GB owns about a third of British budget carrier Ryanair, which operates short-haul routes. Easyjet will do longer flights, to France, Spain, Sweden and eventually Asia, among other countries.
Ms McCall did not want to dwell too much on performance targets that have been set, but Easyjet will have four twin-aisle Boeing 777 aircraft in the first year, and build the fleet up to about 14 aircraft by the middle of the decade. Each aircraft will have about 32 to 40 premium seats and 370 in economy class.
The aim is to be cash-flow positive in the third year, which means at the operational level, there is more money coming in than going out. Profitability is the ultimate objective, but it is not the plan to pursue growth at any cost, Ms McCall said.
It is all about having "Easyjetitude", Ms McCall said - fun and vibrant, for the young and young at heart. The airline's media launch, held recently at retro bar Yello Jello in London, offered a glimpse of the attitude and image Easyjet wants to portray. It had orange T-shirts, orange couches and chairs, and folks on orange skate Easyjeters zipping around handing out orange smiley-faced rubber balls.
The airline's name and image may not be a hit with everyone now, but the team is banking on the brand "growing" on consumers, Mr Wilson said. Fresh Air and British Express were among the other suggested names for the carrier, he said. Easyjet did it for him. No "airlines" or "airways". Just Easyjet.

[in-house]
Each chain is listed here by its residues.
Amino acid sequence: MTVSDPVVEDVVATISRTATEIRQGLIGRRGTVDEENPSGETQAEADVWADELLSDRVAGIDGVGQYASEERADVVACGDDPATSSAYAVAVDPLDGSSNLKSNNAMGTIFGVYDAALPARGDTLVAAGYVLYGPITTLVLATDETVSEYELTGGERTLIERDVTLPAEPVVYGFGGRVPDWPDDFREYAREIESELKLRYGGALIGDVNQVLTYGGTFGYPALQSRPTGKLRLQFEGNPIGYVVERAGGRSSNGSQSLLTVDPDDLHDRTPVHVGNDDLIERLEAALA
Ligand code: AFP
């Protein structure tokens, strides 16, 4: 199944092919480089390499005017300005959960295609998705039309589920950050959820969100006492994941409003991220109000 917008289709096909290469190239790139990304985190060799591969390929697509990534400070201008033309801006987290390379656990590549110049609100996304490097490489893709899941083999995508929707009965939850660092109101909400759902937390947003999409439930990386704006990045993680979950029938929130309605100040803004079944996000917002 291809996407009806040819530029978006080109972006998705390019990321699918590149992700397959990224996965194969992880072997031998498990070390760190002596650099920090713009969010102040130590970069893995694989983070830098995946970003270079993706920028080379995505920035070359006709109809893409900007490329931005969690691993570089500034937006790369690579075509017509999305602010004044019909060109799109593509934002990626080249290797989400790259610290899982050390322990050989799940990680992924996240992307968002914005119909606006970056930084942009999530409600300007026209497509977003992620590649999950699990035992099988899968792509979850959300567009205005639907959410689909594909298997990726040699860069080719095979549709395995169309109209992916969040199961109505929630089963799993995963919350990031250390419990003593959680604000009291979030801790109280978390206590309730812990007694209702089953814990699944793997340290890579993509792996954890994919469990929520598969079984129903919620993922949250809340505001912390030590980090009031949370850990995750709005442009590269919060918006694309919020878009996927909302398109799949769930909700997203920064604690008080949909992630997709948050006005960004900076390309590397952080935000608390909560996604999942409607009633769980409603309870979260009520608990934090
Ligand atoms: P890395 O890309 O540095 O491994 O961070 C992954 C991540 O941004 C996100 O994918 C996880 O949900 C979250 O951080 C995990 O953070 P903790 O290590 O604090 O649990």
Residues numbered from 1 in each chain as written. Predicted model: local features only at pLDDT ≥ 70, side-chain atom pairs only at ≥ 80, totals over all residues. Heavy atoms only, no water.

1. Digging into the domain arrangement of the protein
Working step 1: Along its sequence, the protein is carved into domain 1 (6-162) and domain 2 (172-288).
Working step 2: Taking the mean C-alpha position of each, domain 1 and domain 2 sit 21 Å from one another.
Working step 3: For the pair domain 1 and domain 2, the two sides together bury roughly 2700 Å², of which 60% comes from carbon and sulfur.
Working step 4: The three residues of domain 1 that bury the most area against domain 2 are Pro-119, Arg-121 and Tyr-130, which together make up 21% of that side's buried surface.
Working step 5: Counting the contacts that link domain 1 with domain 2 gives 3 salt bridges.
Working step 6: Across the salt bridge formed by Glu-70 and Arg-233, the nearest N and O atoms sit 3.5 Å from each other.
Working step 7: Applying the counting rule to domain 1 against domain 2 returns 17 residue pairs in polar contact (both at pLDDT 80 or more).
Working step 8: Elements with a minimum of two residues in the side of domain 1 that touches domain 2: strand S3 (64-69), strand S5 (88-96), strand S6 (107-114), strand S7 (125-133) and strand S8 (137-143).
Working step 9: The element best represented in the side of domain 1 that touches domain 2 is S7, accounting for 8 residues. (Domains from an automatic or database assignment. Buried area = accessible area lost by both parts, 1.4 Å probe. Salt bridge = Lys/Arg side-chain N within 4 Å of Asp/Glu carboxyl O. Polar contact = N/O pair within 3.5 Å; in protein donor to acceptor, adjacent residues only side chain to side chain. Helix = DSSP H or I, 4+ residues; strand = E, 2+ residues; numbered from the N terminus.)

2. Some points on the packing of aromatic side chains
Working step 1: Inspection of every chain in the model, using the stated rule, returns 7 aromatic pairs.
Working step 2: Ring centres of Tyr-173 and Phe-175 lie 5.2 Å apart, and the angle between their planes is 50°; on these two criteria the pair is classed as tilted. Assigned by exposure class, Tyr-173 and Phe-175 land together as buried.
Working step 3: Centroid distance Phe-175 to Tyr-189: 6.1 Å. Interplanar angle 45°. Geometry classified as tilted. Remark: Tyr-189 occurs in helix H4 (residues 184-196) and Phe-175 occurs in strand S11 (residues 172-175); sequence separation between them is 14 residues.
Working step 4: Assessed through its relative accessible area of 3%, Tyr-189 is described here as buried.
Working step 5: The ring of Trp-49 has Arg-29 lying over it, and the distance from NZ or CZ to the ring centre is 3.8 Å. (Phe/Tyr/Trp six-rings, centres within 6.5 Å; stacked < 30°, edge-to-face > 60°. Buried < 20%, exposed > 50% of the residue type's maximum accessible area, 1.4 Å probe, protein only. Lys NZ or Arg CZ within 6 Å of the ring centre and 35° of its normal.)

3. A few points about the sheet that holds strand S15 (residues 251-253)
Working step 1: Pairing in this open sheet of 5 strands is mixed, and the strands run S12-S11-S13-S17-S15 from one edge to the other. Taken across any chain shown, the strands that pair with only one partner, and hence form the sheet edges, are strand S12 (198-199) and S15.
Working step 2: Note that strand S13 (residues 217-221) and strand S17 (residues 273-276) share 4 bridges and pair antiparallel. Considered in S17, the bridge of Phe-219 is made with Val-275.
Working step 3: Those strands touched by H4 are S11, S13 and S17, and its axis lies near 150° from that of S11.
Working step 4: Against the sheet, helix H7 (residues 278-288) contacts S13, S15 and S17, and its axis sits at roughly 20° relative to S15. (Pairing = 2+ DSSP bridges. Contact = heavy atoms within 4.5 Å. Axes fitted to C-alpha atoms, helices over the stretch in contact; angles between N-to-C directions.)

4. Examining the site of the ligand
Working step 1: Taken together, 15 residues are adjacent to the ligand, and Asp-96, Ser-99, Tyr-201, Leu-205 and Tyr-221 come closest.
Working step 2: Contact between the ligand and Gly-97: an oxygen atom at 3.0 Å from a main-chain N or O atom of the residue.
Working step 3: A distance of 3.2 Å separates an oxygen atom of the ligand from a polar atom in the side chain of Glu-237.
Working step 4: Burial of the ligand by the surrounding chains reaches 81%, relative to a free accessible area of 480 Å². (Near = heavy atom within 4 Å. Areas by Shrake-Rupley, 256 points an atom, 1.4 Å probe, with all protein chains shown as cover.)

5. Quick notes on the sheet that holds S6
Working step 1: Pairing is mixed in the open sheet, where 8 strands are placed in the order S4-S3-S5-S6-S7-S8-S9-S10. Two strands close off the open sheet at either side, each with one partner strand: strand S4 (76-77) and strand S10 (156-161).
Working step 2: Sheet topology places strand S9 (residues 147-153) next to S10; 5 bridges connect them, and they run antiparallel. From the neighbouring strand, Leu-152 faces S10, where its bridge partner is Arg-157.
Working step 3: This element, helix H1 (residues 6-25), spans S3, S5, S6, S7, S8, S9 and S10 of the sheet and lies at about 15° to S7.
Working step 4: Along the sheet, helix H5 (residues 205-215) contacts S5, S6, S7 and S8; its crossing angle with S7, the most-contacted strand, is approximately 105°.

To gel with its fresh and contemporary image, the airline will be gender-neutral, and that means no GB-style marketing campaign that focuses on the British Girl. Indeed, many other international carriers often feature stewardesses although they also hire stewards, Ms McCall said.
Unlike GB, the cabin crew uniform will also sport a more casual look. The uniform will have a black and orange theme. Stewardess will wear a fitted orange dress with a black jacket, while the male crew will wear a dark bottom and a orange T-shirt, also with a black jacket.
Evaluate four (4) possible developments or trends in the demographic, political-legal and economic environment (at least one point must be discussed for each environmental factor) which may have contributed to Easyjet's decision to launch a budget airline service. (At least 800 words)
Maximising customer value means cultivating long-term customer relationships. Propose four (4) possible strategies and discuss how Easyjet could adopt these strategies to cultivate strong customer relationships. (At least 800 words)
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Evaluate four (4) possible developments or trends in the demographic, political-legal and economic environment (at least one point must be discussed for each environmental factor) which may have contributed to Easyjet?s decision to launch a budget airline service. (At least 800 words)
In the evaluation, the main element for business success is effective marketing that captures the 4 areas of focus is mainly based on brand development. Within the case study, the Easyjet targeted demographic is key to those customers seeking a cost effective price to flying to gain huge savings. The type of environment to marketing is critical to assess the demographic that will reinforce the primary objective for company brand?s identity. In deciding the best demographic to assist in the marketing strategy framework, the following should be considered:
Age 18 to 54
Gender, male and/or female
Income; $20,000 and up
Trends, customer have purchased airline ticket in the last 3 ? 6 months
Political - Legal
Implementing a legal strategy in written and verbal means to assure all criteria's are met accordingly to commit towards company's ...
The expert examines British's no-frills airline business environments.